ISSN (Print) - 0012-9976 | ISSN (Online) - 2349-8846

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Data Anomalies in NSSO–EUS Figures, 2011–12

The major rounds of Employment–Unemployment Surveys conducted by the National Sample Survey Office every five years provide a continuous, robust, and reliable source of employment statistics in India. However, a closer analysis of the unit-level figures for the latest round of eus reveals disparities in the details of the industry–occupation information.

Employment and Unemployment Survey (EUS) conducted every five years by the National Sample Survey Office (NSSO) are by far the most reliable source of labour statistics in India. So far the NSSO has conducted nine rounds of quinquennial EUS beginning from 1972. The detailed information on individual workers collected by the NSSO in these surveys has provided the necessary evidence base for a wide range of research and analysis related to the labour structures in India. In the process, the design of the surveys as well as the scope and definition have also undergone changes over the years in order to make the database more robust, constructive, and globally comparable.

A major debate surrounding the EUS, has been regarding the definition of “work” and identifying “workers.” The entire exercise of measuring the work participation rates (WPRs) of the country depends on accurately identifying workers from non-workers. The NSSO measures employment and unemployment in three different approaches, namely the usual status with a reference period of one year or 365 days, current weekly status (CWS) with a one-week reference period, and current daily status (CDS) based on the daily activity pursued by individuals on each day of the reference week. The labour force indicators measured in usual status and CWS are in persons and those measured in CDS are in person-days. Normally, the usual status measures are used for most purposes as that remains a globally accepted standard measure of employment and unemployment.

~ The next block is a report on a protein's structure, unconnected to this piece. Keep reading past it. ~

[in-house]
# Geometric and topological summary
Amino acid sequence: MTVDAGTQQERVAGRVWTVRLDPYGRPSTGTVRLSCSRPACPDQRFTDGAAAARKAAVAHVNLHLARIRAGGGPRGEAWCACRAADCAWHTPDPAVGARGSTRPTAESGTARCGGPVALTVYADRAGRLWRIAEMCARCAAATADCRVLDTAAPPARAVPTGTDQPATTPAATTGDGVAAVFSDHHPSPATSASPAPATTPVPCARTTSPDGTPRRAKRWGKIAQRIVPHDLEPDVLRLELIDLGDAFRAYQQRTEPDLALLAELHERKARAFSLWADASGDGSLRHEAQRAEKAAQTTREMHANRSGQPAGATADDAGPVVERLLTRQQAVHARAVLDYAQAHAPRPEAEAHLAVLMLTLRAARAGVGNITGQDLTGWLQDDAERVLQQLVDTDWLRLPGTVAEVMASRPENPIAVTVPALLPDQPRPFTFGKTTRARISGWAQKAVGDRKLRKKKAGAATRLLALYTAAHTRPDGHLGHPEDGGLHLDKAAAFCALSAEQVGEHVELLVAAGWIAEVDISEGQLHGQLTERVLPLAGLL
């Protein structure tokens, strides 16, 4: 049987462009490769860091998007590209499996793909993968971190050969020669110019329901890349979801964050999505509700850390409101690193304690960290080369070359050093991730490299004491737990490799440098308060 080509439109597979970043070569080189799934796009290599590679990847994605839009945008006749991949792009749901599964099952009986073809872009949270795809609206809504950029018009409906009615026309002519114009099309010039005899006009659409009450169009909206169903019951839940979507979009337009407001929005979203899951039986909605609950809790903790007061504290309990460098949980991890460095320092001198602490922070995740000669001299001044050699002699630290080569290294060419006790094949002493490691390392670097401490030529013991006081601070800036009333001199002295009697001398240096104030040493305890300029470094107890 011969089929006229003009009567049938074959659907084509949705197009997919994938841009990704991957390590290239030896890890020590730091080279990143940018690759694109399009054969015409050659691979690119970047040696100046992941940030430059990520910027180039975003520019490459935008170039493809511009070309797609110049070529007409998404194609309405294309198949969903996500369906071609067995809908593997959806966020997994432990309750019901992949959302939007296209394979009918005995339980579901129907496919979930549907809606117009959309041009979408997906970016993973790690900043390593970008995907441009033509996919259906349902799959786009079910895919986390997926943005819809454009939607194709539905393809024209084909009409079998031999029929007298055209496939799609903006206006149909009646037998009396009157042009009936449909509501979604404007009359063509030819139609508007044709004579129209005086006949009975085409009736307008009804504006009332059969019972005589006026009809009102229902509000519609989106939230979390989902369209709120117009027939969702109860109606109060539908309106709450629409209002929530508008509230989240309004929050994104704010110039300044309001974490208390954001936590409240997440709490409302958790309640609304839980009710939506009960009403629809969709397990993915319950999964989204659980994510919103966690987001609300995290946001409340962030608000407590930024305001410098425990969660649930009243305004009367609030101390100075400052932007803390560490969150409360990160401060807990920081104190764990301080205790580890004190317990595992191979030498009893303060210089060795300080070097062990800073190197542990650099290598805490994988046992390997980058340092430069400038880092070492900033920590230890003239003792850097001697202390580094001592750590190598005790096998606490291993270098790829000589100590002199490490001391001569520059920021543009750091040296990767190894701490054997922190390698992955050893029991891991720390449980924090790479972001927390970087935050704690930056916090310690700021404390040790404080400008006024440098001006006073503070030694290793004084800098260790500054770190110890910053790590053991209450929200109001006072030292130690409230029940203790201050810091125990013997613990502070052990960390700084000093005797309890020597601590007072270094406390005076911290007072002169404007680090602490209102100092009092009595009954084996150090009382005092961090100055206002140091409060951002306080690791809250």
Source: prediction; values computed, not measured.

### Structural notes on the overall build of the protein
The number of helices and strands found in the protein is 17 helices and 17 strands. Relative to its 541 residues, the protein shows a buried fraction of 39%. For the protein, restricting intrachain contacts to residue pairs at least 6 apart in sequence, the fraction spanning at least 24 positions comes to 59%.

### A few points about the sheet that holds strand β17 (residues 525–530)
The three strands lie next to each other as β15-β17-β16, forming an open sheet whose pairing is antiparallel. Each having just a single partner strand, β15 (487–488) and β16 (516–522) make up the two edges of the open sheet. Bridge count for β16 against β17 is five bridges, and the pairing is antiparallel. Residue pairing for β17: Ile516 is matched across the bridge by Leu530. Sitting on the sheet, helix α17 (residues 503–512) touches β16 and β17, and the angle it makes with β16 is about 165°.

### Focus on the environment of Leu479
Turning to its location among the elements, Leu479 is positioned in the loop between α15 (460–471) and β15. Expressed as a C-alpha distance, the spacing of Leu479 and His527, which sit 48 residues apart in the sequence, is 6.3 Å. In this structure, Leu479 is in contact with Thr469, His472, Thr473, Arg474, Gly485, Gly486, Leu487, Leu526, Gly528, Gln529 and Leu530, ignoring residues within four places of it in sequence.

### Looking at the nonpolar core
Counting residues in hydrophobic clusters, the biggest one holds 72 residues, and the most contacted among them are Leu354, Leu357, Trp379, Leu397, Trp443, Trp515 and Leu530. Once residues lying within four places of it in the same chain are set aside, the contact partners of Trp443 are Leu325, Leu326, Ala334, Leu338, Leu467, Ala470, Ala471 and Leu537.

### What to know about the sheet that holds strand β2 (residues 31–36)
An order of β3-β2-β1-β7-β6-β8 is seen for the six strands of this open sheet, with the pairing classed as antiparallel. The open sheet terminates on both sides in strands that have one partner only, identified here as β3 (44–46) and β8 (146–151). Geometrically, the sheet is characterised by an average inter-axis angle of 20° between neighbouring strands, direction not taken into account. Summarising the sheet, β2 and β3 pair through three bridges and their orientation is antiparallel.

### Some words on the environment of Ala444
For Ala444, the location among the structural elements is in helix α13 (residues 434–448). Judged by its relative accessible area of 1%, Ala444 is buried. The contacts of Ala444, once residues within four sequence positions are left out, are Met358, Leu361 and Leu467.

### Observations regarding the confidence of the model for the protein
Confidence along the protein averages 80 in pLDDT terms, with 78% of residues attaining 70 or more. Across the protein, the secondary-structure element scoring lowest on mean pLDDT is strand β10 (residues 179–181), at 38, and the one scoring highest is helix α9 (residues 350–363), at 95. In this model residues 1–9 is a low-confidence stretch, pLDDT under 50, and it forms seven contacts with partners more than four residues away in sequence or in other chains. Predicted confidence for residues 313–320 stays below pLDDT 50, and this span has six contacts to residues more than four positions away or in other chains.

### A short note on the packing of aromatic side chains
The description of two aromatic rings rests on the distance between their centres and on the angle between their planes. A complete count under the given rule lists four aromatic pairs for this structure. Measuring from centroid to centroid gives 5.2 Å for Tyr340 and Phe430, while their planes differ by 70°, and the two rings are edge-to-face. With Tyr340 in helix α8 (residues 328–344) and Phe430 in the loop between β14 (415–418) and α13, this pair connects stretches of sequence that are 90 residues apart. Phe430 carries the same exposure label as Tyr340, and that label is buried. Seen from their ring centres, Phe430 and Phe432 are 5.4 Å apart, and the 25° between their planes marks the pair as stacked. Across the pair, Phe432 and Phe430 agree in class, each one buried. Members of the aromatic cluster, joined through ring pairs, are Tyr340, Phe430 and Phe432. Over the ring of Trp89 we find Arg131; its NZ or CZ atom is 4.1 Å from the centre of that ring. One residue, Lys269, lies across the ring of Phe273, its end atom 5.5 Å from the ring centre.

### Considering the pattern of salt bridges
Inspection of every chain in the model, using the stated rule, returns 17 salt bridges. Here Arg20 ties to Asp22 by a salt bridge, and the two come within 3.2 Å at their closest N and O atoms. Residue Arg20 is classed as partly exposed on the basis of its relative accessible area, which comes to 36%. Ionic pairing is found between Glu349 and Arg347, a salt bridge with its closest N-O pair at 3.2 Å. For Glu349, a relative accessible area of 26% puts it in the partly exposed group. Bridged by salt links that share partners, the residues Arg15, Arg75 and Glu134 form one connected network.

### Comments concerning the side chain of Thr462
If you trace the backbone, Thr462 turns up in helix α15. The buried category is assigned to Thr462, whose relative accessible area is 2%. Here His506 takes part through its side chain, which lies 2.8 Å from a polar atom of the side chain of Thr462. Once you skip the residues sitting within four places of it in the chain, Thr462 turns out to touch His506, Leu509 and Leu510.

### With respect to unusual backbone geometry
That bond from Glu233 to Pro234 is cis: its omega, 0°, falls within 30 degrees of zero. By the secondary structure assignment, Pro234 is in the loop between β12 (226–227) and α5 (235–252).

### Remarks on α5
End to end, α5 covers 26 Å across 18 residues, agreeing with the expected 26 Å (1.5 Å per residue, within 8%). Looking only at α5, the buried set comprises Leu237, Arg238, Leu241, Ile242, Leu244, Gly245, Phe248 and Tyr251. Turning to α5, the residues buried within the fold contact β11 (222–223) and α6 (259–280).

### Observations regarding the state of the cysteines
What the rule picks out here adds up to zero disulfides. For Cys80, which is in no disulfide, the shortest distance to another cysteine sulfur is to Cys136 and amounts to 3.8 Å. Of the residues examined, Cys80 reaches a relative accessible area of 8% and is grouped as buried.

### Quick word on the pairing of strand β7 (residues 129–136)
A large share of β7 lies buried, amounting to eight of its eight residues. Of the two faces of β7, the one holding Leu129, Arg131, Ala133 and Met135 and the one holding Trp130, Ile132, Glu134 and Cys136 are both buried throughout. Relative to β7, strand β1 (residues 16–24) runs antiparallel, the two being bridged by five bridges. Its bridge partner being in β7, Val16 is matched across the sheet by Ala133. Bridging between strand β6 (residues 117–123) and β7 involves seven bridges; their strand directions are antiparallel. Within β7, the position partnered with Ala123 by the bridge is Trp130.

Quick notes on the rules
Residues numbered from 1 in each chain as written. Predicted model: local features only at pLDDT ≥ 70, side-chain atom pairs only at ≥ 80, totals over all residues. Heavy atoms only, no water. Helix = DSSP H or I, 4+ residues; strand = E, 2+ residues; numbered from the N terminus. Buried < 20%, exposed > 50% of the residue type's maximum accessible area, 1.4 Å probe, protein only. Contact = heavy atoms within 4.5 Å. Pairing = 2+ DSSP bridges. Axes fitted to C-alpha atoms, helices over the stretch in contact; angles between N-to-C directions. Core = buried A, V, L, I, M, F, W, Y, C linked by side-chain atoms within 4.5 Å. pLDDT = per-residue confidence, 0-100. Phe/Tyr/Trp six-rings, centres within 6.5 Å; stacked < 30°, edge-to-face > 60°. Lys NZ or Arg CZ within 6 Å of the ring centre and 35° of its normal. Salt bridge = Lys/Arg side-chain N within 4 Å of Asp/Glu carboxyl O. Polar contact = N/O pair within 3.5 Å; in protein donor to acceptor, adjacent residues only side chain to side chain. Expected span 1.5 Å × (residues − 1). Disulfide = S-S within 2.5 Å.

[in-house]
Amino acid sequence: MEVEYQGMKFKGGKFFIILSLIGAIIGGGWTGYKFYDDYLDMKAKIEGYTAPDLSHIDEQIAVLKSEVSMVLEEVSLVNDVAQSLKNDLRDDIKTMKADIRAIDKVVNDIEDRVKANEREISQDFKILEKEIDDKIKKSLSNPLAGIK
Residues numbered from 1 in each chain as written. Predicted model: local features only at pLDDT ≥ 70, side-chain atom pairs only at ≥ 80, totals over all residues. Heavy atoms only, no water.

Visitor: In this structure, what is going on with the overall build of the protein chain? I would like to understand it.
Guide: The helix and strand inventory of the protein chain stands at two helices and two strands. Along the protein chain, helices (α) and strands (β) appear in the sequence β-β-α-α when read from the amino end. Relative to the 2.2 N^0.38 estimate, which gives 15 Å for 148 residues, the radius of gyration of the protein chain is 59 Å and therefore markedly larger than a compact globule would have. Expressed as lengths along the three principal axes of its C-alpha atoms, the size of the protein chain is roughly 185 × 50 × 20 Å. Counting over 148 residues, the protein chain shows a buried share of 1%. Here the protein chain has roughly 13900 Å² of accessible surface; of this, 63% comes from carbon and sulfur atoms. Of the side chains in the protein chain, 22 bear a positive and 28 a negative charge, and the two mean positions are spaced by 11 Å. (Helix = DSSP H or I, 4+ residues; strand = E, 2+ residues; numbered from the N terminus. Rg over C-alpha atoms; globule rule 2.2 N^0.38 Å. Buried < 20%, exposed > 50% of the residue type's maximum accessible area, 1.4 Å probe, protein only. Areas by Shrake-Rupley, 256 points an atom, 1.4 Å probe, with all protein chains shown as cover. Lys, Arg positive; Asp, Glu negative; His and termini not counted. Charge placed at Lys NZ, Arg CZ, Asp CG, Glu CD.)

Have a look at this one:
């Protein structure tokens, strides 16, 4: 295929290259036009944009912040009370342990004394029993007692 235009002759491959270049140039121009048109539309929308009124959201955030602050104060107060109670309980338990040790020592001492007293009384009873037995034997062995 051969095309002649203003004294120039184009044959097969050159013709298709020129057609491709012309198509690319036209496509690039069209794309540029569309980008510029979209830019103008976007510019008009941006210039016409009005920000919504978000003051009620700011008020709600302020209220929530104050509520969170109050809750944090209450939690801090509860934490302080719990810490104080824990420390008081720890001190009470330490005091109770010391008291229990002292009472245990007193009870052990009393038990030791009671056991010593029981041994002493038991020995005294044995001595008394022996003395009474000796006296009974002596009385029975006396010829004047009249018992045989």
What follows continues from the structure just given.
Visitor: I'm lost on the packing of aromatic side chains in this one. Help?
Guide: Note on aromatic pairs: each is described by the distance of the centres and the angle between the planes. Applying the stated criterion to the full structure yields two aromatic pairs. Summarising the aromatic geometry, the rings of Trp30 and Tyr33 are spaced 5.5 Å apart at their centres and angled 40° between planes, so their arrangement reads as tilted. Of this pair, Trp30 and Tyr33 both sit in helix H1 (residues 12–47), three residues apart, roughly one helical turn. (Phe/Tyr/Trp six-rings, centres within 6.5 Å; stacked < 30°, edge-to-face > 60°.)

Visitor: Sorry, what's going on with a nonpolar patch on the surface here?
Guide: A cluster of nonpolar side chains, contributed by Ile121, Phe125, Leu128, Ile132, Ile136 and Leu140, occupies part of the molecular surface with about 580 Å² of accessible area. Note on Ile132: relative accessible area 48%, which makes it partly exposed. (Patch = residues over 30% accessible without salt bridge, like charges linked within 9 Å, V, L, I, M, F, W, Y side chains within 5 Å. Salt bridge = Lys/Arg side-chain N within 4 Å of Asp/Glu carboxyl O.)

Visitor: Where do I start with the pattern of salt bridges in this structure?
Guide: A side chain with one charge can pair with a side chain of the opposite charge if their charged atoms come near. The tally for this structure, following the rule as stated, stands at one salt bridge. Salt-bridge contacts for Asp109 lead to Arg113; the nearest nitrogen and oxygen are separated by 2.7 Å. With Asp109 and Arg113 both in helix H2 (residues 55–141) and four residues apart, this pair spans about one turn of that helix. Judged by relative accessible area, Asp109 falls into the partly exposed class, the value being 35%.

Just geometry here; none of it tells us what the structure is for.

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Updated On : 10th Jan, 2018
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